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A Basic Application. Rung-Hung Gau Department of Computer Science and Engineering National Sun Yat-Sen University Kaohsiung, Taiwan. Outline. Android Projects Activities and Views Bundle Dissecting the Activity Building and Running the Activity. Create an Android Project.

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A Basic Application

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A basic application l.jpg

A Basic Application

Rung-Hung Gau

Department of Computer Science and Engineering

National Sun Yat-Sen University

Kaohsiung, Taiwan


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Outline

  • Android Projects

  • Activities and Views

  • Bundle

  • Dissecting the Activity

  • Building and Running the Activity


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Create an Android Project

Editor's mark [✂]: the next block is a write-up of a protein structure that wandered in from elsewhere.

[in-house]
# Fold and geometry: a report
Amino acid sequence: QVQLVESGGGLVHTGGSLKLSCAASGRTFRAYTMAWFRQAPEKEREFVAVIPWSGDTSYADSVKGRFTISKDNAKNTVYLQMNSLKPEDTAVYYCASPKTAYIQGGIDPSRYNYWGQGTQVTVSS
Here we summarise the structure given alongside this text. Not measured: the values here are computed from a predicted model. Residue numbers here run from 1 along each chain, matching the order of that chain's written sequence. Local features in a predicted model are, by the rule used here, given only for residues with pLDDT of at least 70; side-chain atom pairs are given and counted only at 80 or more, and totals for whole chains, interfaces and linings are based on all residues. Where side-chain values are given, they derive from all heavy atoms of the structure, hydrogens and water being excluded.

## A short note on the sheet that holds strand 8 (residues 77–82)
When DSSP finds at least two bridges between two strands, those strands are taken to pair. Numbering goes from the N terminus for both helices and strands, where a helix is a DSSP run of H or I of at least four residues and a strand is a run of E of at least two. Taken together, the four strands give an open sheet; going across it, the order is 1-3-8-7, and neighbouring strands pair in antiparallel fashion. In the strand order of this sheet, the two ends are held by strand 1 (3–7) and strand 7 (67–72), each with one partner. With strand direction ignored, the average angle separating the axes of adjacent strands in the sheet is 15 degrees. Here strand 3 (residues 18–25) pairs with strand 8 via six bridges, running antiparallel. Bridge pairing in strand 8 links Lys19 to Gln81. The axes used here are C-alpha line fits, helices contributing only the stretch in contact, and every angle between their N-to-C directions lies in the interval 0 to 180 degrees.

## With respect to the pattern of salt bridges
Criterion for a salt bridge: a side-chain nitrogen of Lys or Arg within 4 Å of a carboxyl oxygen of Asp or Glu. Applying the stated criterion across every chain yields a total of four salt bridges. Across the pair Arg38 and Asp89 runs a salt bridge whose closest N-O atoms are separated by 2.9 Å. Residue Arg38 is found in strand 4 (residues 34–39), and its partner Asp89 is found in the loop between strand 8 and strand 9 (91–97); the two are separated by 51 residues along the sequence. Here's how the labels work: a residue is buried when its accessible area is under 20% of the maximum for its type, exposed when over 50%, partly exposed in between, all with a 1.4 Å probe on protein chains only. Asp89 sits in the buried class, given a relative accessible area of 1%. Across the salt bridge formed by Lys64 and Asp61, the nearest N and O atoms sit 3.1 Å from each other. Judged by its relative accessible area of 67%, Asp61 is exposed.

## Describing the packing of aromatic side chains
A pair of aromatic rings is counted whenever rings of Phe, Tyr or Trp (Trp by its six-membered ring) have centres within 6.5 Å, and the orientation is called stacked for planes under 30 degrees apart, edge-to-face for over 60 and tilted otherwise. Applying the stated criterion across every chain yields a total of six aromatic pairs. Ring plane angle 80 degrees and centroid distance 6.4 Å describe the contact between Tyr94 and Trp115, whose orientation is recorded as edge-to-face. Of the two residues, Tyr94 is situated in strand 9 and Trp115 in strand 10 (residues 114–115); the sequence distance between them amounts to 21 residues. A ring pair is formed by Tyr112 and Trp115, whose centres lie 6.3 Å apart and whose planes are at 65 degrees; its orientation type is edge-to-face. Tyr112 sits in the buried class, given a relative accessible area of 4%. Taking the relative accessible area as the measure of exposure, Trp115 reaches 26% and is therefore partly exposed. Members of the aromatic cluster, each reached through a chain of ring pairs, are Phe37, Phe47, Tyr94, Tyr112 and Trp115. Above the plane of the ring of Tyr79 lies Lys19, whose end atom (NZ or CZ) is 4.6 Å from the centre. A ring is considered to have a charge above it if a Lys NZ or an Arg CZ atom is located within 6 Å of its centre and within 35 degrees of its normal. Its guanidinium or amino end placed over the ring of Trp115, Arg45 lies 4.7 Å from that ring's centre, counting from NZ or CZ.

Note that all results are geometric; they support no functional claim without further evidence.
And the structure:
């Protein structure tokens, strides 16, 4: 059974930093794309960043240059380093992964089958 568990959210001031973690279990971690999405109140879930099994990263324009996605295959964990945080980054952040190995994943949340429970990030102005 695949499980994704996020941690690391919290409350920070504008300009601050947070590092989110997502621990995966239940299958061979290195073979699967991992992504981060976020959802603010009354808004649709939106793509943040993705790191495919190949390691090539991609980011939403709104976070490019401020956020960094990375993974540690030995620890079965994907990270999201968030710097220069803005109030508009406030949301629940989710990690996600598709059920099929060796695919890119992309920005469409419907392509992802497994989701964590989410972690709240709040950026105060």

• To work with anything in Android, you need a project.

  • With ordinary Java, you could just write a program as a single file, compile it with javac, and run it.

  • Android is more complex, but to help keep it manageable, Google has supplied tools to help create the project.

  • If you are using an Android-enabled IDE, such as Eclipse with the Android plugin, you can create a project inside of the IDE (e.g., select File > New > Project, then choose Android > Android Project).


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Create an Android Project

  • Your project's src/ directory contains the standard Java-style tree of directories based upon the Java package you chose when you created the project (e.g., edu.nsysu.android results in src/edu/nsysu/android/).

  • Inside the innermost directory you should find a pre-generated source file named Now.java, which is where your first activity will go.